By Herb Jackson, The Record (Hackensack, NJ)
WASHINGTON — After weeks of hearing Gov. Chris Christie and his administration blame federal red tape for delays encountered by residents seeking grants to repair homes damaged by Superstorm Sandy, Sen. Bob Menendez (D-NJ) gave the Obama administration’s top recovery official a chance to fight back Wednesday.
Pressed by Menendez, Housing and Urban Development Secretary Shaun Donovan said it was the state that gave control of a $950 million housing program to a contractor, Hammerman & Gainer Inc., that was ultimately fired for poor performance.
Donovan said that HUD “identified enough concerns” with HGI and the state’s management of the contract that a $1.4 billion round of grants due to be awarded this spring should include better performance standards and outreach to people who may have been improperly denied grants.
The hearing comes at a time when Christie’s greatest political achievement, the Sandy recovery story, is being put to the test. It also comes as Christie has blamed the federal government for months of delays in getting funds to Sandy victims.
The state Economic Development Authority has issued only about $13 million of $100 million in grants to 270 of 1,540 businesses that have applied. And problems have plagued the main rebuilding effort for homeowners, the Reconstruction, Rehabilitation, Elevation and Mitigation program, known as RREM, that offers up to $150,000 for the repair, rebuilding and raising of homes.
The Fair Share Housing Center, an organization that defends the housing rights of the state’s poor, says it found that African-Americans and Latinos were rejected at much higher rates than whites applying for the same relief. It also says there were problems with the data being used to award grants, resulting in erroneous denials. Of those who appealed denials, 80 percent were awarded money.
Donovan also said the state could have done controversial environmental and historical reviews of properties — which Christie has blamed for delaying grants and asked to have waived — earlier in the application process without facing a federal penalty. The reviews are intended to make sure that laws aimed at protecting the environment and historical attributes of a property are not violated.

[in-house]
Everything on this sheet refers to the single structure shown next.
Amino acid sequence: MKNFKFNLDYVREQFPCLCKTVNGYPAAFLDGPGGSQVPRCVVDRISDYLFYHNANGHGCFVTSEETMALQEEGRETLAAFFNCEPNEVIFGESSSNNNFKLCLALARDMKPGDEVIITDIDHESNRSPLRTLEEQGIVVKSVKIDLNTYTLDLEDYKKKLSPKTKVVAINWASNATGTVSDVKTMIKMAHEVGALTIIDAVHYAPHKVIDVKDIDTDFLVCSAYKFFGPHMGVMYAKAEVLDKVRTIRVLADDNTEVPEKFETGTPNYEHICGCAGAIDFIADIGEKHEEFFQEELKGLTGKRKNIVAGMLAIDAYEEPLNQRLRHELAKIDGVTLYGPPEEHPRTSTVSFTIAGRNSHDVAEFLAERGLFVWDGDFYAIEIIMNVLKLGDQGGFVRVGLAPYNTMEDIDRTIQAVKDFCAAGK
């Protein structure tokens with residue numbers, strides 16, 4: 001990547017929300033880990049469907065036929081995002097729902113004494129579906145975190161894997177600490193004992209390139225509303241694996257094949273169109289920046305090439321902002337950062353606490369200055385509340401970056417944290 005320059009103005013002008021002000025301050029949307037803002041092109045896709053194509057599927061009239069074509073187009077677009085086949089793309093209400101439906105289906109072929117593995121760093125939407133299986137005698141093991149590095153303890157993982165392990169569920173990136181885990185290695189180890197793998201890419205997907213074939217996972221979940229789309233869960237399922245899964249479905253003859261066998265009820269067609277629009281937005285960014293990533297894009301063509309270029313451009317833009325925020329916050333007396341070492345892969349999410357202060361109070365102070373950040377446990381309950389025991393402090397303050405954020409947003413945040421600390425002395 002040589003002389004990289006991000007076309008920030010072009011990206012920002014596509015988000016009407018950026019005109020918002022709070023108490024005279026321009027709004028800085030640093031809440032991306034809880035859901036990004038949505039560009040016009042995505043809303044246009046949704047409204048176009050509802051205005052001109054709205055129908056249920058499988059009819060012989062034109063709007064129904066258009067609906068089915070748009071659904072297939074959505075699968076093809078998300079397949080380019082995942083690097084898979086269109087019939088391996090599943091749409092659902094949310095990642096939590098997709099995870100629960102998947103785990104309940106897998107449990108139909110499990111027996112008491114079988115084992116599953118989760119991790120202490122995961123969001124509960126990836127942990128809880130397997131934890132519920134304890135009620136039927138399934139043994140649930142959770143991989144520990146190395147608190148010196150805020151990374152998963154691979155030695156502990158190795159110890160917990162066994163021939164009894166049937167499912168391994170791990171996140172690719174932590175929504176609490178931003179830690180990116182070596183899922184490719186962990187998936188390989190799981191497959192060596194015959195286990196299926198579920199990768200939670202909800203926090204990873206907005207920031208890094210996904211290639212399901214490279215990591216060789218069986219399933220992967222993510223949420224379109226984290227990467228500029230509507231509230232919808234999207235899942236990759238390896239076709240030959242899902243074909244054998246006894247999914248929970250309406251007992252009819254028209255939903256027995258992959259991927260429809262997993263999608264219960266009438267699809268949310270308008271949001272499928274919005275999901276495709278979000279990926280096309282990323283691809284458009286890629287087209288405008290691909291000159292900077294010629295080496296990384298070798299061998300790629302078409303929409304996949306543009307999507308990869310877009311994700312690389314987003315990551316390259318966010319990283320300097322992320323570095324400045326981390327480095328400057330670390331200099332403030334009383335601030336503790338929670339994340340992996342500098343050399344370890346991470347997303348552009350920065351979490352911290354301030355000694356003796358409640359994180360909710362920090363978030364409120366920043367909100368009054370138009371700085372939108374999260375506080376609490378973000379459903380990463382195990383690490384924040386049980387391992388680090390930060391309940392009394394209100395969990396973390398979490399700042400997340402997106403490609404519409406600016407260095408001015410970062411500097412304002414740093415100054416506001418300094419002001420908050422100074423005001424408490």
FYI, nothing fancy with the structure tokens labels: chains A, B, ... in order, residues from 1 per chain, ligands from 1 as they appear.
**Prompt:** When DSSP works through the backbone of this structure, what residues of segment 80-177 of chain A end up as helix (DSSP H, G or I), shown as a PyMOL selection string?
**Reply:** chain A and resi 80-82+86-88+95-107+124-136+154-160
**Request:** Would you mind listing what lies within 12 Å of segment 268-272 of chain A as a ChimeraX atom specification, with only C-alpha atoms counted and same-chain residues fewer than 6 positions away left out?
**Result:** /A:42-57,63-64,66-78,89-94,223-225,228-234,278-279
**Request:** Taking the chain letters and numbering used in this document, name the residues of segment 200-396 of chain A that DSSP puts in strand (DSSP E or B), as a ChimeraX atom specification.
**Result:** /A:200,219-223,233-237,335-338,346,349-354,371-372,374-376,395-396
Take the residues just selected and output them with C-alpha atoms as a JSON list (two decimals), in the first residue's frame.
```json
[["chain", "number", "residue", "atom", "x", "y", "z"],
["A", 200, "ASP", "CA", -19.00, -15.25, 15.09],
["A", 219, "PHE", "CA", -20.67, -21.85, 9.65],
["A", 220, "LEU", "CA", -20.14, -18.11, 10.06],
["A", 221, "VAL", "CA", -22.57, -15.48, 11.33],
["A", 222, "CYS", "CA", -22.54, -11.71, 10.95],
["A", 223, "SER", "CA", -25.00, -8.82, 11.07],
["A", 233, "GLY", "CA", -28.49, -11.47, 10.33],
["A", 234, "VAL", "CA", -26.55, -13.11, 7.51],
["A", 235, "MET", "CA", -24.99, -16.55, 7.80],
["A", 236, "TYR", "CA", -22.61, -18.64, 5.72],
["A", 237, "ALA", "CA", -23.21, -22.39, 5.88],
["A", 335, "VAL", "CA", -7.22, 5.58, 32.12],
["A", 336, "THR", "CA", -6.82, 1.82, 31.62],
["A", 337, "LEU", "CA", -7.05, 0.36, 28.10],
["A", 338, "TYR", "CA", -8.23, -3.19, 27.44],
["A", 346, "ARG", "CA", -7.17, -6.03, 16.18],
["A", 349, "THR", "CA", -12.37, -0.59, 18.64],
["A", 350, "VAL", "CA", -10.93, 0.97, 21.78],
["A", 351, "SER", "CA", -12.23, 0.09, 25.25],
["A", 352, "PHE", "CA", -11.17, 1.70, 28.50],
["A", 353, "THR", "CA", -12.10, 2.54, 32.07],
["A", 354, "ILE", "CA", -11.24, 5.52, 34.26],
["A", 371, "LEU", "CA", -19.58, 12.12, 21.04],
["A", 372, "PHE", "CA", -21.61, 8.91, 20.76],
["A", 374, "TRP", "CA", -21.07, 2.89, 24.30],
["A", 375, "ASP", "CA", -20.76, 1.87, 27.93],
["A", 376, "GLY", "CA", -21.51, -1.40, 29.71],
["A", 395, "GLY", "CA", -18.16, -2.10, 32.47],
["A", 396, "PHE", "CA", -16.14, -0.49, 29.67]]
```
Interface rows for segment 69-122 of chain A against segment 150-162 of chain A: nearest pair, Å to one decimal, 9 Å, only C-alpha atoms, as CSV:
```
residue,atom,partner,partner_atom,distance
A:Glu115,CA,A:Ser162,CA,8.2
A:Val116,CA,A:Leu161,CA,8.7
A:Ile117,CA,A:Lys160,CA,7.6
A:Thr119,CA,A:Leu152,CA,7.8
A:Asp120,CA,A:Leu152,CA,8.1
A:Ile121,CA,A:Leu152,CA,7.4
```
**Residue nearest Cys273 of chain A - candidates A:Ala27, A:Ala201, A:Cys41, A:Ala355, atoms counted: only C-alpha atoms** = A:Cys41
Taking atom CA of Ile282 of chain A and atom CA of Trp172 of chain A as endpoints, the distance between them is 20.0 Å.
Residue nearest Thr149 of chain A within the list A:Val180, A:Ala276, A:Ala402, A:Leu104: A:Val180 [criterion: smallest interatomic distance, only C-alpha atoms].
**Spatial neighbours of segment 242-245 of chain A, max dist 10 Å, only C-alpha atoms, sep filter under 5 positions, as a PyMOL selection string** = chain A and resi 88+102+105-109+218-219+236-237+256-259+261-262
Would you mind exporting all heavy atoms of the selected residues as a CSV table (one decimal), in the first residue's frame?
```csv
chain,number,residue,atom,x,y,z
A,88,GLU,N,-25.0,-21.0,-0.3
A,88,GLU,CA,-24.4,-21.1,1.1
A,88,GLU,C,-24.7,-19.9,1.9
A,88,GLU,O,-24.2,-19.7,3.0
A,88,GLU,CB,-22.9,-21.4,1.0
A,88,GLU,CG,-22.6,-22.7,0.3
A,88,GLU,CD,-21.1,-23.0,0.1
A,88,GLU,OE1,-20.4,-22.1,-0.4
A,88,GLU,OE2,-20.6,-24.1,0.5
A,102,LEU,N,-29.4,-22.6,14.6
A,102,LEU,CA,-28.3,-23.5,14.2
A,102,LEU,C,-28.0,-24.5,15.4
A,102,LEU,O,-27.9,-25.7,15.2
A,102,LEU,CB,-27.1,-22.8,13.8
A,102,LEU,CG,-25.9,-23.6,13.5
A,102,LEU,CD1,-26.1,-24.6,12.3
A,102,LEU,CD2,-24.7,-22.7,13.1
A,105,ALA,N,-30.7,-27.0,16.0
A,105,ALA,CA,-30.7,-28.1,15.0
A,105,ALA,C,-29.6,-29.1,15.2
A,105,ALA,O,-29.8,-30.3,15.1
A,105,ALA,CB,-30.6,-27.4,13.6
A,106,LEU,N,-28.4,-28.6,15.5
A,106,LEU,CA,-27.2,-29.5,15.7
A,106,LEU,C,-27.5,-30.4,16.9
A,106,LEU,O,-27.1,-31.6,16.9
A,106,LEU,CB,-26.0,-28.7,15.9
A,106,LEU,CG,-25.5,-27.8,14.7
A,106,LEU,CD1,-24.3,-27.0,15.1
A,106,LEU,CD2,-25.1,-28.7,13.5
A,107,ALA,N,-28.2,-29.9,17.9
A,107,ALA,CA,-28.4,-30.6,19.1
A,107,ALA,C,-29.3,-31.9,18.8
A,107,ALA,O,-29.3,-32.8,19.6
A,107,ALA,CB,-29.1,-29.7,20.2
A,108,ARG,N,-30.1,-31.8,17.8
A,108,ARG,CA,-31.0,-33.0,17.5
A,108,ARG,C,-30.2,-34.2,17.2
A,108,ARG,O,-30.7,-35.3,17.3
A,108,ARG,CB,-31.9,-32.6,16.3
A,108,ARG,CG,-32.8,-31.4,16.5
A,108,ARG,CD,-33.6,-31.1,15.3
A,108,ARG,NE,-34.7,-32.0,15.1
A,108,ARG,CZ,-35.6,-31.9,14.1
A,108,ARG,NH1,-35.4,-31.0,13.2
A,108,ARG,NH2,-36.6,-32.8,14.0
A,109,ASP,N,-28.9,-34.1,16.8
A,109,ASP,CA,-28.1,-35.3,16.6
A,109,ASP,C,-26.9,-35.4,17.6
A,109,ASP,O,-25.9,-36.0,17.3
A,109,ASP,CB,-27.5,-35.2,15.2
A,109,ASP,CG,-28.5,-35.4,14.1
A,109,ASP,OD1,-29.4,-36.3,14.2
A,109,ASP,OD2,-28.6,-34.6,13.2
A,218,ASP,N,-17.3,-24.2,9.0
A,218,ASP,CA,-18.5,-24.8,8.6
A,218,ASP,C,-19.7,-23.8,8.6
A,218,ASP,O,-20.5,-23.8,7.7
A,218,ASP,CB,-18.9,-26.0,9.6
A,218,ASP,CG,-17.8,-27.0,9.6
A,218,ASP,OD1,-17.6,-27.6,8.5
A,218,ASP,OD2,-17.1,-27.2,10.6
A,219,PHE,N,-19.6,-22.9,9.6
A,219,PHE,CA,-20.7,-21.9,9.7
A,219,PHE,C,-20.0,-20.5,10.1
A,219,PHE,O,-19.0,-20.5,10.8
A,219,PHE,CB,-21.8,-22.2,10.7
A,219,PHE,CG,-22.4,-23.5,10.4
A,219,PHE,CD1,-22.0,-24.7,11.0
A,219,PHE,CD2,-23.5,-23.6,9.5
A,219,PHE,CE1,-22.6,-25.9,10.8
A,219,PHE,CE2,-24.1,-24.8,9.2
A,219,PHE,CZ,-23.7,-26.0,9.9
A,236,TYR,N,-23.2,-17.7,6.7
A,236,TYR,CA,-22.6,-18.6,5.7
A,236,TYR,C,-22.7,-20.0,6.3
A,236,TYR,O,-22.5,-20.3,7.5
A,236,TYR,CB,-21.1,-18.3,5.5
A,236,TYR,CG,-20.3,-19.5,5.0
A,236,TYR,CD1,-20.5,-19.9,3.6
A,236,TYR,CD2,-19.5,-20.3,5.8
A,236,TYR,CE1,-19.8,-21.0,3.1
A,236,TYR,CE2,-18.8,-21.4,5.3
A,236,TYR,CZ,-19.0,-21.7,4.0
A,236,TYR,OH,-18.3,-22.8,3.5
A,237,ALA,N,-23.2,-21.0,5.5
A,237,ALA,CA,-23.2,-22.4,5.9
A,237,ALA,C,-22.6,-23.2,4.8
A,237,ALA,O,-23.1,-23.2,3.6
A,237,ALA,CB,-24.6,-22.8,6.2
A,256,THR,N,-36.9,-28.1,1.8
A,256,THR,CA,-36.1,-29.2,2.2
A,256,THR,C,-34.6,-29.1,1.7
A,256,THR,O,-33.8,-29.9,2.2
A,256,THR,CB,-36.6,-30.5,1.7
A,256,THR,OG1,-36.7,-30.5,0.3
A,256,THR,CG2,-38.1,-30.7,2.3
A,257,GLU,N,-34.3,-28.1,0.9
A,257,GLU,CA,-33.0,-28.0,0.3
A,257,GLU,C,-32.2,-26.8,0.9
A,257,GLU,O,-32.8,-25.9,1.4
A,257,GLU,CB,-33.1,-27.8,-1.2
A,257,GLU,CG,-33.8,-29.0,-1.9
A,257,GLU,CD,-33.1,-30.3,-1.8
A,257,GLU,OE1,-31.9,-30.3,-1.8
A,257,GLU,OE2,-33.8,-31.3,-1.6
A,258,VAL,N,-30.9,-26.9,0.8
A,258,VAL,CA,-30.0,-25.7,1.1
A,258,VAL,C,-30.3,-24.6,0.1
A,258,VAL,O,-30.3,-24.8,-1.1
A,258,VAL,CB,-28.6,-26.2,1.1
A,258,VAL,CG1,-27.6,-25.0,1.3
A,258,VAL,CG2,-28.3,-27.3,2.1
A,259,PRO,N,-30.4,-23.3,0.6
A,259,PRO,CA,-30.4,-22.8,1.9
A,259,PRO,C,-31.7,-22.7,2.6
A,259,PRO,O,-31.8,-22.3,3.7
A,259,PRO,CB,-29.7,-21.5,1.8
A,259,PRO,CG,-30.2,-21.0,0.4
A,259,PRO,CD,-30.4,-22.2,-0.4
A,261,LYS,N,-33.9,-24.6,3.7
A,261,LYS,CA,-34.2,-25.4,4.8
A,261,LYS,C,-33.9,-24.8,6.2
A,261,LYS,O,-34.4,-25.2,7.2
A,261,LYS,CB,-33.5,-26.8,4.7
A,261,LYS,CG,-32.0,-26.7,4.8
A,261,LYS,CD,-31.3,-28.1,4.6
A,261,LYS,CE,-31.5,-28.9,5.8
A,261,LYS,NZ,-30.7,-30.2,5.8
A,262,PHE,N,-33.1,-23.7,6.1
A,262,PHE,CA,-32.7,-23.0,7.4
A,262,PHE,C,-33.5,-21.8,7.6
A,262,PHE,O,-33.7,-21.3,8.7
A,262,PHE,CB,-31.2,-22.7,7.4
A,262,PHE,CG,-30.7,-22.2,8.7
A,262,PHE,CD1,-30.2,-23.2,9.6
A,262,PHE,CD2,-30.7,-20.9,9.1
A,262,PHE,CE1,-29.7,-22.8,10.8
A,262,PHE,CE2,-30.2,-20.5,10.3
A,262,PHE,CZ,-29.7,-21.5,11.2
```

No Republican senator attended the hearing of the housing subcommittee that Menendez heads, and the Christie administration declined an invitation to send a witness. As a result, Menendez and Donovan, both Democrats, and a later panel of witnesses who have already criticized the pace of recovery had an open opportunity to highlight the state’s missteps.
“The problems here have been much larger and lasted much longer than the people of New Jersey should have to accept,” Menendez said early in the hearing.
Menendez later said he was not trying to blame the state for problems, just lay out facts and see where service could be improved. If his questioning had found that the federal government was to blame for the fired contractor, for example, he said, he would have been criticizing Donovan. As it is, he said, he still expects HUD to require better performance with the next round of grants.
While the hearing was happening, the state Department of Community Affairs announced from Trenton it was changing part of RREM, the contested housing program, so homeowners whose applications had already been approved could get money faster.
The change would allow grant awardees to get up to half of their funding in advance if they are using their own contractor. Once invoices or receipts for that money are presented, homeowners can submit up to two more applications for the remainder of the funding.
Previously, homeowners had to pay for repairs and then seek reimbursement.
“We are taking a big step forward and getting rid of a requirement that has stood in the way of progress, and we are grateful to the Obama administration for approving this change,” Community Affairs Commissioner Richard Constable said in a news release.
Menendez said the change was “welcome but nowhere near the resolution of the core issue I was raising.” He focused on thousands of residents he said had applied for grants and were improperly rejected or are on a waiting list with no idea if they will ever be approved.
He urged the state to publish a waiting list so people know if they have any chance of receiving funding from the RREM program, which was initially funded with $925 million of the $1.83 billion block grant from HUD in February 2013.
Constable and Christie have blamed the environmental and historical reviews for delays in awarding funds, but Donovan told Menendez the reviews take an average of two weeks for most homes and six weeks for more complex cases.
“It’s not the environmental or historical preservation requirements slowing things down, because if was just those, people’s wait time would be two to six weeks, not seven to 10 months and counting,” Menendez said in response.
Menendez said the state chose to make applicants clear all other grant requirements first, including complex scope-of-work estimates, before beginning the reviews. The result is critical as applicants have been told not to pay for any work on their homes while their application is being reviewed because the work will not be reimbursed if it the property later is found to have environmental or historical problems.
Photo via Wikimedia Commons